Monday, July 30, 2007

what NOT to do...

With radiant floor tubing there is only one iron clad rule - don't puncture the tubing. While we tried to keep all tubing 30" away from the perimeter of the slab, this sucker slipped past us and - against all odds - was bull's-eyed by the contractors roto-hammer drill. I was there talking with the contractor when it happened. Concrete dust shot high into the air, riding a woosh of suddenly de-compressing air. Let this be a lesson to you - messure twice, thrice, four times. The sinking feeling that I'd have to live another decade with baseboard electric radiant heat broke my heart.

HOWEVER, after a hard fought day with a skill saw, a concrete cutting blade and a chisel, our concrete contractor saved the day by unearthing the punctured PEX tubing and skillfully reconstructing it. Yea, our bedroom and bathroom will have heat after all!

This excavation, by the way, is hidden - or will be, eventually - beneath the straw bale exterior wall.

Wednesday, July 25, 2007

and then ... plunk in the cross-beams


These beams fly across the vaulted living / dining / kitchen space. Everywhere else will have a flat ceiling, but with the beams still exposed beneath. It's our nod to the santa fe style of architecture we both like.

On other fronts, we're close to securing our 650 straw bales and will hopefully have that nailed down by next week.

Tuesday, July 24, 2007 a box

Getting the main posts and perimeter beams in place.

Bottom picture - Scott tests the top flange hanger for the 6x12 cross beams.

Thursday, July 19, 2007

first wobbly steps...

After a few minor mis-steps, the curb rail is mostly in place and the posts are going up. We're trying to get a boom truck in early next week to hoist the seriously heavy 6x12 beams up into place.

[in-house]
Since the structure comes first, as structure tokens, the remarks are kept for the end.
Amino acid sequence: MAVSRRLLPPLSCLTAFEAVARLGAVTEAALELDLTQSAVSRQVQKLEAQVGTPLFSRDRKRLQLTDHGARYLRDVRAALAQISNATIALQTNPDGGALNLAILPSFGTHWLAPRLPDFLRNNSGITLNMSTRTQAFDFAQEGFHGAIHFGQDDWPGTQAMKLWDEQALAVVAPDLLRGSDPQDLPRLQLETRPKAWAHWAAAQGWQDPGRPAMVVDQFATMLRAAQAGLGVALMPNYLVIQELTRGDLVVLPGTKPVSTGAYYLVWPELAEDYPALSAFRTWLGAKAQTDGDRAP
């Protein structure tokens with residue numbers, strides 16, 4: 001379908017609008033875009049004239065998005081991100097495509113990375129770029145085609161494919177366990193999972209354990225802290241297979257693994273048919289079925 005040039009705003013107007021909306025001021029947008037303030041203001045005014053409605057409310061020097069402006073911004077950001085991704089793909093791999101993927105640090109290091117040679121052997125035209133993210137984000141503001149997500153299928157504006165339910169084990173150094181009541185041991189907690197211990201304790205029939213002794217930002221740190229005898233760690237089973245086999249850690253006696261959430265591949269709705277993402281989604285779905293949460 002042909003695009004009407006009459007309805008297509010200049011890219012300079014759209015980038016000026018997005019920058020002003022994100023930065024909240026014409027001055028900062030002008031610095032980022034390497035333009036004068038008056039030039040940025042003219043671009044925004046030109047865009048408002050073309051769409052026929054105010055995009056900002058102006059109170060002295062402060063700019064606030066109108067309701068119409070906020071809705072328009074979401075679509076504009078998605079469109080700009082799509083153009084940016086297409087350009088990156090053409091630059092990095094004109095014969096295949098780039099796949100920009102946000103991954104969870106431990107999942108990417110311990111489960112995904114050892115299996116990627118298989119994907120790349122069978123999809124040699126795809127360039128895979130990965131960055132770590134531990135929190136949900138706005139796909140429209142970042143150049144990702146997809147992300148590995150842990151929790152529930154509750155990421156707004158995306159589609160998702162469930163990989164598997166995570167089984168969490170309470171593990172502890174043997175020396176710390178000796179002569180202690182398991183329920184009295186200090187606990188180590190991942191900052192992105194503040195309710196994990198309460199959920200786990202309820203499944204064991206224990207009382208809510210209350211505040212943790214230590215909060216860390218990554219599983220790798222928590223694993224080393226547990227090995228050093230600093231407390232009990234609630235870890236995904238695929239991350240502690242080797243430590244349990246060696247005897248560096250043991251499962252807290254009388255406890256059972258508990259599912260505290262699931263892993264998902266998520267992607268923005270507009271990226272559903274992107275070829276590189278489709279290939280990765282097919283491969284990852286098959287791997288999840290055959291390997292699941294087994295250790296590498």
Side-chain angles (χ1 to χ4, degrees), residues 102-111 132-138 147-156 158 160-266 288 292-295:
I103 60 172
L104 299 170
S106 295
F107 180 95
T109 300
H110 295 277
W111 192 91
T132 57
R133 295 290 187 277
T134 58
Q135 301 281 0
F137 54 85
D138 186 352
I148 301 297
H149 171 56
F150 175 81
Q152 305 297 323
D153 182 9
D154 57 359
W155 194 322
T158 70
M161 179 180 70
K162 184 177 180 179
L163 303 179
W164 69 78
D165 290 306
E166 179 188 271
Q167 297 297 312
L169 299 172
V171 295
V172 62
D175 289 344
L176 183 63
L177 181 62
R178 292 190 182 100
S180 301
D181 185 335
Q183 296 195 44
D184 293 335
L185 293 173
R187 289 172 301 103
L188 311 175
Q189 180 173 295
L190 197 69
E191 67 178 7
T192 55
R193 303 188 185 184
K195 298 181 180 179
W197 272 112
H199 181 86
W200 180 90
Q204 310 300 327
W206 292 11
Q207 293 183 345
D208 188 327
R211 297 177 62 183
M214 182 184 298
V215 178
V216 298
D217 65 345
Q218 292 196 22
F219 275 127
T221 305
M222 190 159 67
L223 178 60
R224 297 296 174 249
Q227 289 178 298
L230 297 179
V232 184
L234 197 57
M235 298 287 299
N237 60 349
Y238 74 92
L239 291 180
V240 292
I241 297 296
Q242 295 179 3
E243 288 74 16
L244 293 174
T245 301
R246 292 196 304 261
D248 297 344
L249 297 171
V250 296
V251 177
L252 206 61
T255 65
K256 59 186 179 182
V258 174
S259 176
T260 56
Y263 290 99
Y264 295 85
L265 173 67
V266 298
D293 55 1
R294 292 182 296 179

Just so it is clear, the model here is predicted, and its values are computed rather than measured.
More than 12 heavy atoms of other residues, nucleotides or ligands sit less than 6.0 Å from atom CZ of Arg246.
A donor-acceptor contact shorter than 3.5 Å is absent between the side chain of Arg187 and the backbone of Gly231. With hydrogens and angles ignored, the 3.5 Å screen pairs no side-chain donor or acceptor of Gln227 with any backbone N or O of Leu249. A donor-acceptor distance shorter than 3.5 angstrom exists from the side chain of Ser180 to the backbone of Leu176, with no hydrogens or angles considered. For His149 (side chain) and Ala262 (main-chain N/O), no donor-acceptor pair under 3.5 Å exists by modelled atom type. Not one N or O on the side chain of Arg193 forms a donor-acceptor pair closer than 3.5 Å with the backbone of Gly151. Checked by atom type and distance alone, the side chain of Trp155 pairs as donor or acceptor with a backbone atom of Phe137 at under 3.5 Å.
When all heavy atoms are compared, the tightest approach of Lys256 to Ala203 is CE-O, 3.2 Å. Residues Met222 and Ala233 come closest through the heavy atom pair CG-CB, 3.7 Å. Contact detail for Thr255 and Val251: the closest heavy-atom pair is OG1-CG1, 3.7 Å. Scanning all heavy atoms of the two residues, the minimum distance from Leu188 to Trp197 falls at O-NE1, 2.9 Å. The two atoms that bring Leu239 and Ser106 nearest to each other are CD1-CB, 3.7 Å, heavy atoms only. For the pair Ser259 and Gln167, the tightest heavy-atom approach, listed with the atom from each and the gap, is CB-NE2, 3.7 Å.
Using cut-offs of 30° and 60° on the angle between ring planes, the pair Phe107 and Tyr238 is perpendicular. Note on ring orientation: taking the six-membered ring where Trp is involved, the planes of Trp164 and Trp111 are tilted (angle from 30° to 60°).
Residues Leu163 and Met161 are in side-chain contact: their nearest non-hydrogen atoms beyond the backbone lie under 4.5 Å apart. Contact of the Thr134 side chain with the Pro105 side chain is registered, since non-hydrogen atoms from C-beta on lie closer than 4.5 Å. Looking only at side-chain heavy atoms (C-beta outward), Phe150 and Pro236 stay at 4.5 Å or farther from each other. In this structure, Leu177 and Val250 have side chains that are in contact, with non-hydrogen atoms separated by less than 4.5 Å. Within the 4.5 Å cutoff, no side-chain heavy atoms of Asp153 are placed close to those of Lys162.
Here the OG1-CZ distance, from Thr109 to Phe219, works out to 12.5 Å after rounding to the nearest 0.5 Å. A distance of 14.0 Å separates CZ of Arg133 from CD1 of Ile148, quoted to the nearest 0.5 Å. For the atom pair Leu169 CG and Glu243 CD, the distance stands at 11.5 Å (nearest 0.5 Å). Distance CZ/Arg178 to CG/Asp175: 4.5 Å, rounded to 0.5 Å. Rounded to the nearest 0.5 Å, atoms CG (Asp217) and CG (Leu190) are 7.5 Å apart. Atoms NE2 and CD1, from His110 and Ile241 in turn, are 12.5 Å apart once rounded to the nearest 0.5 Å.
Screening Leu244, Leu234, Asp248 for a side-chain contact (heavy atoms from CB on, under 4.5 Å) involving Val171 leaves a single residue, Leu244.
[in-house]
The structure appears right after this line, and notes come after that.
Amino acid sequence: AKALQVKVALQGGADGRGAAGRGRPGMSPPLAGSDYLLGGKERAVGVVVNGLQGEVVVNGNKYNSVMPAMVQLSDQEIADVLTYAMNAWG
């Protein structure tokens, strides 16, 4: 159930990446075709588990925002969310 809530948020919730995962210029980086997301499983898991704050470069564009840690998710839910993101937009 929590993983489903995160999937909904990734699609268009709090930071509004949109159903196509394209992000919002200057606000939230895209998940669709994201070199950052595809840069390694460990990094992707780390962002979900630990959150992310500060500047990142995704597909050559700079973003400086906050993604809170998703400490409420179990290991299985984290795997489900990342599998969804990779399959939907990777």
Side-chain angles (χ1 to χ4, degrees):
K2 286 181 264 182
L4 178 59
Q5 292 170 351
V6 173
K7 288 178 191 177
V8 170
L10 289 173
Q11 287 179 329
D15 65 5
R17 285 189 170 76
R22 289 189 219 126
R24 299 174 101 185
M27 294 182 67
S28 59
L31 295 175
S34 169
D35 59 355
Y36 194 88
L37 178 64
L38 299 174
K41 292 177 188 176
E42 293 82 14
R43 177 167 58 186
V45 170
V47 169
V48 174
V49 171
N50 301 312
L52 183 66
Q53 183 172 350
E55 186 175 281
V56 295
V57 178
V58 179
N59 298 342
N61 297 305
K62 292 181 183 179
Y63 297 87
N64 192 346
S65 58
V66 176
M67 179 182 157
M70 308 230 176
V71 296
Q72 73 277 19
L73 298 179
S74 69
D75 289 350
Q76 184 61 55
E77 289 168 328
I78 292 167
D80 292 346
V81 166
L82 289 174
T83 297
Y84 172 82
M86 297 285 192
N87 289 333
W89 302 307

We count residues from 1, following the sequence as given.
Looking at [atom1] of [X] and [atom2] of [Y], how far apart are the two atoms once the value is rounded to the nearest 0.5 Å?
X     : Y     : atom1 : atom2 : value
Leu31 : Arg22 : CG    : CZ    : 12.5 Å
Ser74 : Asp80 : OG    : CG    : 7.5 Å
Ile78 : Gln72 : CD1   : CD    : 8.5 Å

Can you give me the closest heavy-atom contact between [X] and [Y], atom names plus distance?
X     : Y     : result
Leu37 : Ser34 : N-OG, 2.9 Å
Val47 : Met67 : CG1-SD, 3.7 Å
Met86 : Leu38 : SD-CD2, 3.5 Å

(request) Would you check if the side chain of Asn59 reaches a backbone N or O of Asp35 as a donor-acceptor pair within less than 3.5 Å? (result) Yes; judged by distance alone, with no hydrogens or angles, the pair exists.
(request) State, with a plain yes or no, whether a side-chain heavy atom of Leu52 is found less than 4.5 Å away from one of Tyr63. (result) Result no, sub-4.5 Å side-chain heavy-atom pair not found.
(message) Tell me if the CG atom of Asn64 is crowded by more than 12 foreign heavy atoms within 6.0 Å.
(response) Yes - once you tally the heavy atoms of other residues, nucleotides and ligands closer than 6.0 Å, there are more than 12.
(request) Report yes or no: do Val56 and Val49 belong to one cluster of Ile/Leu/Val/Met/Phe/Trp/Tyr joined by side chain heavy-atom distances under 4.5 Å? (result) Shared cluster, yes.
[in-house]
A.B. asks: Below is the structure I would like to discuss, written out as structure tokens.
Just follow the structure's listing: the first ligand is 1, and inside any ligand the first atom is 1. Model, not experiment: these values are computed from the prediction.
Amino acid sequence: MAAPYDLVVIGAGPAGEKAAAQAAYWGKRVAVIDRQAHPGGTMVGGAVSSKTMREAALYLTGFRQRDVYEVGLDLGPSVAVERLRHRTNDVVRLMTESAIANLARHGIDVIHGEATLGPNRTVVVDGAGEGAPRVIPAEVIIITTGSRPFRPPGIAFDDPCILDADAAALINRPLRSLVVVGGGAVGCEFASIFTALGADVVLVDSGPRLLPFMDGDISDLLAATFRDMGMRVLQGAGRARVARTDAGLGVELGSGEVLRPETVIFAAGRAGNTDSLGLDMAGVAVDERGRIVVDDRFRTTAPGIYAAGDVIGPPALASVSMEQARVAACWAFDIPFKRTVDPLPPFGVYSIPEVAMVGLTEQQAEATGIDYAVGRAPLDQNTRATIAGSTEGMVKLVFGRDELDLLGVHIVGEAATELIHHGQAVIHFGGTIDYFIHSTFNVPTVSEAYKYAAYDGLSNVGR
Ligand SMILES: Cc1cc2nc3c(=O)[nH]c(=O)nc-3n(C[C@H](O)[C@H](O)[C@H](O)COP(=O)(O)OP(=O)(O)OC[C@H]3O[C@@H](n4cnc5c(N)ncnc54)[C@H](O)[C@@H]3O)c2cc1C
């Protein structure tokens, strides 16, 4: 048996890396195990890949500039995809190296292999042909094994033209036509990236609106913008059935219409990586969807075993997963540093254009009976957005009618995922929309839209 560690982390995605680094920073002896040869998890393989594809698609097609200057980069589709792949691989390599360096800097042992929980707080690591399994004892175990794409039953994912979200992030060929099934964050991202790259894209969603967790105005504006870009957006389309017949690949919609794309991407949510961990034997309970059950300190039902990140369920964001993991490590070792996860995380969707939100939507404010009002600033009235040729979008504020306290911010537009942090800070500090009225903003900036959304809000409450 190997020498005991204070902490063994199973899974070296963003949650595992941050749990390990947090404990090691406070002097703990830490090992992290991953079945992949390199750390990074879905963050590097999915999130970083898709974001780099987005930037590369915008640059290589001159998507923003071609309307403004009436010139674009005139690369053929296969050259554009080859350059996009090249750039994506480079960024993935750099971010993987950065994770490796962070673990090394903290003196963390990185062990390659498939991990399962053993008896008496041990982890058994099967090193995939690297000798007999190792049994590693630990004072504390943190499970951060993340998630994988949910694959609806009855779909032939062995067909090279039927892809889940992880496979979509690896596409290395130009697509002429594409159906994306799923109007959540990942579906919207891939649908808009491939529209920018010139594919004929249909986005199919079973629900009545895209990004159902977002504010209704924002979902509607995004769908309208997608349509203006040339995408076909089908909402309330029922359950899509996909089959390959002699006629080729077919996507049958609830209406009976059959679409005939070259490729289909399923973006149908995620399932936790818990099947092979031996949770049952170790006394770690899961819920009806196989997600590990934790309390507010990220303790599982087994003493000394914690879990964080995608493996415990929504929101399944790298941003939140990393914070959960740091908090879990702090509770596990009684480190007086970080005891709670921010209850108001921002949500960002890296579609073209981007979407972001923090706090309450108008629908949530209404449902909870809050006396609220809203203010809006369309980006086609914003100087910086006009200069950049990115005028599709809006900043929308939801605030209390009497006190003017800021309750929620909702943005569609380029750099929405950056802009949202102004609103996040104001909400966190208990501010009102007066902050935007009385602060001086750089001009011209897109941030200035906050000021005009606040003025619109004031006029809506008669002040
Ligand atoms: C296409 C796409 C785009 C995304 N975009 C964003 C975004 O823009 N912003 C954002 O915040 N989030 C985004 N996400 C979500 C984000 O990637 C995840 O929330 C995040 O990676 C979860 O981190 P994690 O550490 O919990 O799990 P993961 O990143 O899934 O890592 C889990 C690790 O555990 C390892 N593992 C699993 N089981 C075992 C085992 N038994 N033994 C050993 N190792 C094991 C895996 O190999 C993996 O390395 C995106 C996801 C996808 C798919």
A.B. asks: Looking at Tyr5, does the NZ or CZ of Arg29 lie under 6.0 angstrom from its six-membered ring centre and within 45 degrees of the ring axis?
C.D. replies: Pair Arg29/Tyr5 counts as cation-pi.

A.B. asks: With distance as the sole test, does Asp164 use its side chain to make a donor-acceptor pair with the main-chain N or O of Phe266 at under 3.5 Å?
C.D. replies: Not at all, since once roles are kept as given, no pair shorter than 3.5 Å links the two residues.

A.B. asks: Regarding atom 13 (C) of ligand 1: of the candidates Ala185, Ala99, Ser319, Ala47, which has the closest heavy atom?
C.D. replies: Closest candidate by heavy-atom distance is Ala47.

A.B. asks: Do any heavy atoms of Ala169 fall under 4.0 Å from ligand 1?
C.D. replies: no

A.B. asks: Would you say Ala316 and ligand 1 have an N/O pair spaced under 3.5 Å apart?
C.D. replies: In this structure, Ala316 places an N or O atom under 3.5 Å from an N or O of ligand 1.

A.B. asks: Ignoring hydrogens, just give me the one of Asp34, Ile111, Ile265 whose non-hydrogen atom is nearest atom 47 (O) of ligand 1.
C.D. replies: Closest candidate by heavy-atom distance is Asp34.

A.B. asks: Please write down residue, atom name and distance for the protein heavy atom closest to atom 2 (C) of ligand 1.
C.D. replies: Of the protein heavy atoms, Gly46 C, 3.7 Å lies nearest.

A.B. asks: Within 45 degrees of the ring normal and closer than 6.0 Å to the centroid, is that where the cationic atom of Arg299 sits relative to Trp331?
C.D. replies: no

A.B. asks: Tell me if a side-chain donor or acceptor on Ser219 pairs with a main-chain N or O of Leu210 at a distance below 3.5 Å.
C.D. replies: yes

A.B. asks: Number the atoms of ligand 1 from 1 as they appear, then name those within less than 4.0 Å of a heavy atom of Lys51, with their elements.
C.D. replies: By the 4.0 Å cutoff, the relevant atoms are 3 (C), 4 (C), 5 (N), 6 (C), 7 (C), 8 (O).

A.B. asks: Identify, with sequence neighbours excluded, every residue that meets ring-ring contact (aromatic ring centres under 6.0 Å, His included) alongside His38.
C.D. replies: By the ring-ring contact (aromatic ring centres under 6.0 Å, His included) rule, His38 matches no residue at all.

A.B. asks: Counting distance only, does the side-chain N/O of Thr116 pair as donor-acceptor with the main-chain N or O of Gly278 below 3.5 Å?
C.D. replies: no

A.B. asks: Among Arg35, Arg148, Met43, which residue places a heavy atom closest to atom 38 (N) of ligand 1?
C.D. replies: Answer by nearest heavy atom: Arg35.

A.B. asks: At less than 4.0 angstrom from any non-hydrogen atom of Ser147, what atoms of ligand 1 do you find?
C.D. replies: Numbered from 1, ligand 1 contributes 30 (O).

Thursday, July 12, 2007

gimme shelter...

Big, BIG winds show our fifth-wheel who's boss. Bottom picture shows our neighbor's house remodel, courtesy of a splintered cedar tree.

Wednesday, July 11, 2007

selecting windows / cutting costs

Framing was pushed back another week. Disappointing, but we're using the extra time to draw interior elevations of all the rooms and make certain that window sizes are what we want before ordering.

This is the back wall of the master bedroom. Previously it was a vaulted space w/3 large windows & 3 clerestory windows - but after drawing it we decided it was just too busy. So we're going w/ a flat ceiling above the beams. We also decided the windows above the bed were too large - and as we have 2 pair of french doors opening into the courtyard on the opposite wall, we didn't really need the larger, egress windows anyway.

The lower of the two elevations shows the back wall of the master bath. There is no formal door dividing the bedroom from the bath - only a wall you walk around. The bathroom counter will be a wooden plank, probably held up with metal angles, with only one sink off to the left. Who would build a new house where the master bath has only one sink? - probably the same kind of maniac who would build a new house with no garage, or no home theater, or no air conditioning. Anyway, there's plenty of counter space, and we'll have some sort of storage located beneath. And I've always disliked bathroom cabinets. Oh, the square box on the far left is our Japanese soaker tub.

Friday, July 6, 2007

macro / micro

- Concrete cures and cracks appear. It wasn't until the weather hit 100 degrees that these smaller, arcing, almost electrical looking, cracks began showing up. From our previous visits to houses with finished concrete floors, this is normal and adds some antique-y quality to the floor.

- Macro view of the nursery from the road above.

- The framer is scheduled to begin work on Monday, July 9th.